Ford Motor Co. plans to build a new assembly plant in the Mexican state of San Luis Potosi and significantly increase its production in that country, according to multiple reports.
The plant will represent a $1.5 billion investment and allow Ford to build 350,000 cars annually, reports say. Ford is expected to announce the plans in the first quarter.
Reuters first reported the news last month, citing unnamed Mexican government officials. The Wall Street Journal on Monday said the new plant, and expansion of an existing plant, would double Ford’s production in Mexico.
“We do not comment on speculation,” Ford spokeswoman Kelli Felker said in a statement.
Ford last year said it would stop building its Focus and C-Max cars at its Michigan Assembly Plant and move production elsewhere. UAW officials said at the time that at least the Focus would move to Mexico. Ford executives have said they’re looking for a cheaper option to build lower-profit vehicles like the Focus and C-Max, and Mexico would represent such an opportunity.
The automaker said in April it would invest $2.5 billion for two new engine and transmission plants and an expansion of a diesel engine line that will create about 3,800 jobs.
Ford will spend $1.1 billion to build an engine facility within its Chihuahua Engine Plant, where it will produce a new gasoline-powered engine, creating 1,300 jobs. Ford will export the engines to the U.S., Canada, South America and the Asia Pacific region.
In addition, Ford will spend $1.2 billion to build a transmission plant within the premises of a facility used by transmission supplier and partner Getrag, which is based in the city of Irapuato in the state of Guanajuato. The project will create 2,000 jobs. The new transmission plant — Ford’s first transmission facility in Mexico — will produce two all-new automatic transmissions for key products primarily in South America, Europe and Asia Pacific as well as other North American markets.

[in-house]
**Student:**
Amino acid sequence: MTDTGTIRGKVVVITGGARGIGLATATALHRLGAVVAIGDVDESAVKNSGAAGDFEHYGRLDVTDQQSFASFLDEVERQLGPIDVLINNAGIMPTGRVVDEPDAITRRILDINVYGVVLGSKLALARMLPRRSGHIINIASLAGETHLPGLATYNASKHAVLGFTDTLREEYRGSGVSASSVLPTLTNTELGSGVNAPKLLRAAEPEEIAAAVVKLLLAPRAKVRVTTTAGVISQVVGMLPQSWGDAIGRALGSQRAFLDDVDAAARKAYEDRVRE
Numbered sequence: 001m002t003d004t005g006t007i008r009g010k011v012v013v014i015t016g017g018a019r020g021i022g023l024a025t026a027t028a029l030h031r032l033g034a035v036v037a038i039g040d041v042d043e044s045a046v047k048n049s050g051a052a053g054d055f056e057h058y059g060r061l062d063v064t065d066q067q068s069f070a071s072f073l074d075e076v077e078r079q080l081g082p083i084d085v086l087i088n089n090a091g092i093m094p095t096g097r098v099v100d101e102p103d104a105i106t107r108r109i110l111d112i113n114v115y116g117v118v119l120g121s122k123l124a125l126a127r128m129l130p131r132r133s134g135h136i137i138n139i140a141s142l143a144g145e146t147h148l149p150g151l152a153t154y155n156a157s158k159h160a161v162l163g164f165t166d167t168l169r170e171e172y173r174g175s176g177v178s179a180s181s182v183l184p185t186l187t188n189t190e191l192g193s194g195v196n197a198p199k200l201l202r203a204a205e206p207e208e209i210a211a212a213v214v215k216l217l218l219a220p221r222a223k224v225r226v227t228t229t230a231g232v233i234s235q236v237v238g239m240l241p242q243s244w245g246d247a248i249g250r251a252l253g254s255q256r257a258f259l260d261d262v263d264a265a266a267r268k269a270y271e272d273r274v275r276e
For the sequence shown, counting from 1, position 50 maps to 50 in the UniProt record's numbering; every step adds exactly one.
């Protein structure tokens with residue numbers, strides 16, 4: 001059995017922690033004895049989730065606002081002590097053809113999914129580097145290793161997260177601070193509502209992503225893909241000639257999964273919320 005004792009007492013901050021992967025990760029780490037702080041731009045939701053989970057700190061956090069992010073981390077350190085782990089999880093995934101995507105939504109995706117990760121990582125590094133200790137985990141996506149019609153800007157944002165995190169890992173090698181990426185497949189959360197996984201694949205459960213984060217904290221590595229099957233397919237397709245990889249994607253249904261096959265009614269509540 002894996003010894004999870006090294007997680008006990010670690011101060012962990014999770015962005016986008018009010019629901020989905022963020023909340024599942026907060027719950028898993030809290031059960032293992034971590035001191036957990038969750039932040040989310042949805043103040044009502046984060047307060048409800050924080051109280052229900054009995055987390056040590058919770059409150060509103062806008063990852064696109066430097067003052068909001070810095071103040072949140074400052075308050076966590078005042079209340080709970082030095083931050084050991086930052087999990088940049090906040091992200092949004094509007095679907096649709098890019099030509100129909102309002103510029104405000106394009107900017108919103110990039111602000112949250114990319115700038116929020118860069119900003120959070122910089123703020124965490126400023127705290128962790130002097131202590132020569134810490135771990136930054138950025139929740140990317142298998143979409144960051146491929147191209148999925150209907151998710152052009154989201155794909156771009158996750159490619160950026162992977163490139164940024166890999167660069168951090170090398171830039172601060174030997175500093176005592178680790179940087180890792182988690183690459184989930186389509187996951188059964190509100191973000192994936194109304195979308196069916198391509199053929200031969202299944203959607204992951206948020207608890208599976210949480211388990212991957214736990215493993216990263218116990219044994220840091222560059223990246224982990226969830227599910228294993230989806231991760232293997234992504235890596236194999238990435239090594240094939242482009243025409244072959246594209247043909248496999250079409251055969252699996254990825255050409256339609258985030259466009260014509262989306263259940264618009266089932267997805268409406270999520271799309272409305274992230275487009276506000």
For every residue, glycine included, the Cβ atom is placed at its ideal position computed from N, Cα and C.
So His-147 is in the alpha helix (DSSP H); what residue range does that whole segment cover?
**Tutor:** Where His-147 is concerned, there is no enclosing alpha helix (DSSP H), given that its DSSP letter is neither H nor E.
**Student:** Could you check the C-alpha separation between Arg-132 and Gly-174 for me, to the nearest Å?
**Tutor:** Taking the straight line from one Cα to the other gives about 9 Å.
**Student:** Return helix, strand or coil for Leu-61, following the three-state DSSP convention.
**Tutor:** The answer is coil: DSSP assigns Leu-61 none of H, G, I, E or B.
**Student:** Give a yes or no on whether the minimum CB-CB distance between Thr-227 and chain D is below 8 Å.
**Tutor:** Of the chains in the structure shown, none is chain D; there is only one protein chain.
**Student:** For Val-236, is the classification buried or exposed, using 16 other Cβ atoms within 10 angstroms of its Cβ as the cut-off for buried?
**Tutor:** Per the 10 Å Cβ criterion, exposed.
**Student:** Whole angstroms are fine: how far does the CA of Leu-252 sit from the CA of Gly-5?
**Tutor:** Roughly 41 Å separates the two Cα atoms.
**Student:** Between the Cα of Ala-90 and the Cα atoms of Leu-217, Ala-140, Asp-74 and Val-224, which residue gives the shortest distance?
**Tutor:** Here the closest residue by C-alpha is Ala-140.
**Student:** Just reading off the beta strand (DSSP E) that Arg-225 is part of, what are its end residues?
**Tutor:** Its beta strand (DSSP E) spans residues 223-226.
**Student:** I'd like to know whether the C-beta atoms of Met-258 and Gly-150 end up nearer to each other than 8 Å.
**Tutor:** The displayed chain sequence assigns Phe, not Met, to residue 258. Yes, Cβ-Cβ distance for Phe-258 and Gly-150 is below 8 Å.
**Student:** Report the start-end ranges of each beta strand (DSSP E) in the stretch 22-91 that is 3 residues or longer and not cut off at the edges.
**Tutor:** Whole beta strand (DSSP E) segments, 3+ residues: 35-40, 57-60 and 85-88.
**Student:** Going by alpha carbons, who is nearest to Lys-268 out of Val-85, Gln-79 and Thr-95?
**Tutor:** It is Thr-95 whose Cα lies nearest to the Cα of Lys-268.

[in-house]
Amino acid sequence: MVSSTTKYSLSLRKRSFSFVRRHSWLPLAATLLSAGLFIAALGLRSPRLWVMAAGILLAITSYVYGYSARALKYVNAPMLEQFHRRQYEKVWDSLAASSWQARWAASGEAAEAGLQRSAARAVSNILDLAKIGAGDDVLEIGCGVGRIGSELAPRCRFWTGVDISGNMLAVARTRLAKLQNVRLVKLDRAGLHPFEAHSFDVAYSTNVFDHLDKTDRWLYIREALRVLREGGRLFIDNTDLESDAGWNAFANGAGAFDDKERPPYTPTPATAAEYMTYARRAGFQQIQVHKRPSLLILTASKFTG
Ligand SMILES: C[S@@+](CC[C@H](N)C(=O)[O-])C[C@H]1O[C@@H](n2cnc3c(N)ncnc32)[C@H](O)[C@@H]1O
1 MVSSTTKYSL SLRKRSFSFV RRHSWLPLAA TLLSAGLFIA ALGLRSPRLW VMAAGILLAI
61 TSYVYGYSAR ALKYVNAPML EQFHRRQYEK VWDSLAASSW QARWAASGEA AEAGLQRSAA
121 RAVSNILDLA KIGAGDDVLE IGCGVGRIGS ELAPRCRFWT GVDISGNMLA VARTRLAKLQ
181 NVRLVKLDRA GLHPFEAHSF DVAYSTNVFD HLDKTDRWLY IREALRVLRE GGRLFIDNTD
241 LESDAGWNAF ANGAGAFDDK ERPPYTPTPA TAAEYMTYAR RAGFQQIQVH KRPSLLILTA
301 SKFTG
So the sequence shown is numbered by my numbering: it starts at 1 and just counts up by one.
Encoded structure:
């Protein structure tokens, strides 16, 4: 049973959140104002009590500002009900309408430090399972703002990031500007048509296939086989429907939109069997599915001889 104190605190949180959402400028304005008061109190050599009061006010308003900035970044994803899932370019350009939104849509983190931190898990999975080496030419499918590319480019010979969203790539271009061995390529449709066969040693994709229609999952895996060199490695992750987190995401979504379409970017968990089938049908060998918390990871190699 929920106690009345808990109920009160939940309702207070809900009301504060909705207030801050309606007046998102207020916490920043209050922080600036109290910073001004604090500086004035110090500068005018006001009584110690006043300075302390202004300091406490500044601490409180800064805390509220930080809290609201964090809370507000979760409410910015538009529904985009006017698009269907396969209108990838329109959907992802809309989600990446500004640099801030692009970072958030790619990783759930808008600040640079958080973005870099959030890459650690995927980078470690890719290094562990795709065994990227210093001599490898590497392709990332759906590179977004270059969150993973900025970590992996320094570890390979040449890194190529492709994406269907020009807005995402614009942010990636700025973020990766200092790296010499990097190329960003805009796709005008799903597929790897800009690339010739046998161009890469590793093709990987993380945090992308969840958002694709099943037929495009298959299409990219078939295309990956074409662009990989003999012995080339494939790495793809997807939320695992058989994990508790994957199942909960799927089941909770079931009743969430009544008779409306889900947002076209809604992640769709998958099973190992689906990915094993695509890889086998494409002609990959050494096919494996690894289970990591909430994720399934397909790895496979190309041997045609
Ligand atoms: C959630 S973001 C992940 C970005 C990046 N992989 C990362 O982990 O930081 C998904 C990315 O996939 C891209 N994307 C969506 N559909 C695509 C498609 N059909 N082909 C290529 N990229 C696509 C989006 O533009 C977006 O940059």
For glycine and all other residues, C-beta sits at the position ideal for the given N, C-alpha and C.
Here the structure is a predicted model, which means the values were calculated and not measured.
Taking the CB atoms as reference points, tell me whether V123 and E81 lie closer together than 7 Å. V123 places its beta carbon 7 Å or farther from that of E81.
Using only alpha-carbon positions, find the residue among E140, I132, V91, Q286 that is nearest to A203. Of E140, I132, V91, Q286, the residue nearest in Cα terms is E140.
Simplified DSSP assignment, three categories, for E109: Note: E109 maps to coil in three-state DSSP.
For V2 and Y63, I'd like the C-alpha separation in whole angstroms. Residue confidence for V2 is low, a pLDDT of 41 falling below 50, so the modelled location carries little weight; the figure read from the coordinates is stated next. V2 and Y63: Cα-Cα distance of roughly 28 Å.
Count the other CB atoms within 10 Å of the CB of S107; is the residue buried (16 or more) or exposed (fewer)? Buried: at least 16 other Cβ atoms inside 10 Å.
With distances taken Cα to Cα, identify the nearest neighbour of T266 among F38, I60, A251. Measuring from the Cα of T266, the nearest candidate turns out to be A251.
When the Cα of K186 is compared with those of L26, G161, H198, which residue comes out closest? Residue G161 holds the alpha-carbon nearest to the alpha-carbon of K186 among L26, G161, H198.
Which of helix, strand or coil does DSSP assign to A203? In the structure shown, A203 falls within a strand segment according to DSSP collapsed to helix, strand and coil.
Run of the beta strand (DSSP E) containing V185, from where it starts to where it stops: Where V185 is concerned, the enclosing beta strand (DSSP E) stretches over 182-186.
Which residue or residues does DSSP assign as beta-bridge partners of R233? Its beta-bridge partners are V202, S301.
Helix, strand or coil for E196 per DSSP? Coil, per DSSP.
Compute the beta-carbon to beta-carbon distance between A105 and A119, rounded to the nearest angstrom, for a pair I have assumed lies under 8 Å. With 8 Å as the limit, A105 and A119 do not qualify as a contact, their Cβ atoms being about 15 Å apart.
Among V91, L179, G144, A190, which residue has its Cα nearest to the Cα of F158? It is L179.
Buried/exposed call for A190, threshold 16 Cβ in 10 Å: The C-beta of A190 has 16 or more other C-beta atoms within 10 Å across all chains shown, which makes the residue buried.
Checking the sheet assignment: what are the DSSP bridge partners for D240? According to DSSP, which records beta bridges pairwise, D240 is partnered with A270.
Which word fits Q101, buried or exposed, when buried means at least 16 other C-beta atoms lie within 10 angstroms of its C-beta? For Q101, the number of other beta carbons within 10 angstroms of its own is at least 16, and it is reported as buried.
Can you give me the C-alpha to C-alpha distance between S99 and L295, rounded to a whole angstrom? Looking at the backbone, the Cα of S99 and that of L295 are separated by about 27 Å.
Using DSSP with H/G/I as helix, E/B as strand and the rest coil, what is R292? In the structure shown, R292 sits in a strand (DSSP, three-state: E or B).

The automaker will spend $200 million and create 500 more jobs to expand its I-4 and diesel engines production in Chihuahua.
The investment has drawn the ire of Republican presidential candidate Donald Trump, who has consistently mentioned Ford in his speeches, prompting President and CEO Mark Fields to send him a letter explaining what they’re doing there.
Ford has 11,300 employees in Mexico and builds the Ford Fiesta, Fusion and Lincoln MKZ there.
Executives have said they have no plans to build a new plant in the United States. Ford last opened a new U.S. plant — the Dearborn Truck Plant — in 2004.
Ford isn’t the only automaker investing in Mexico. General Motors Co. last year announced a $5 billion investment there over six years and Toyota Motor Co. said it will invest $1 billion in a Mexican plant. BMW AG, Volkswagen AG and its Audi unit, Nissan Motor Co., Kia Motors and Fiat Chrysler Automobiles NV also have built or announced new plants or plant expansions there.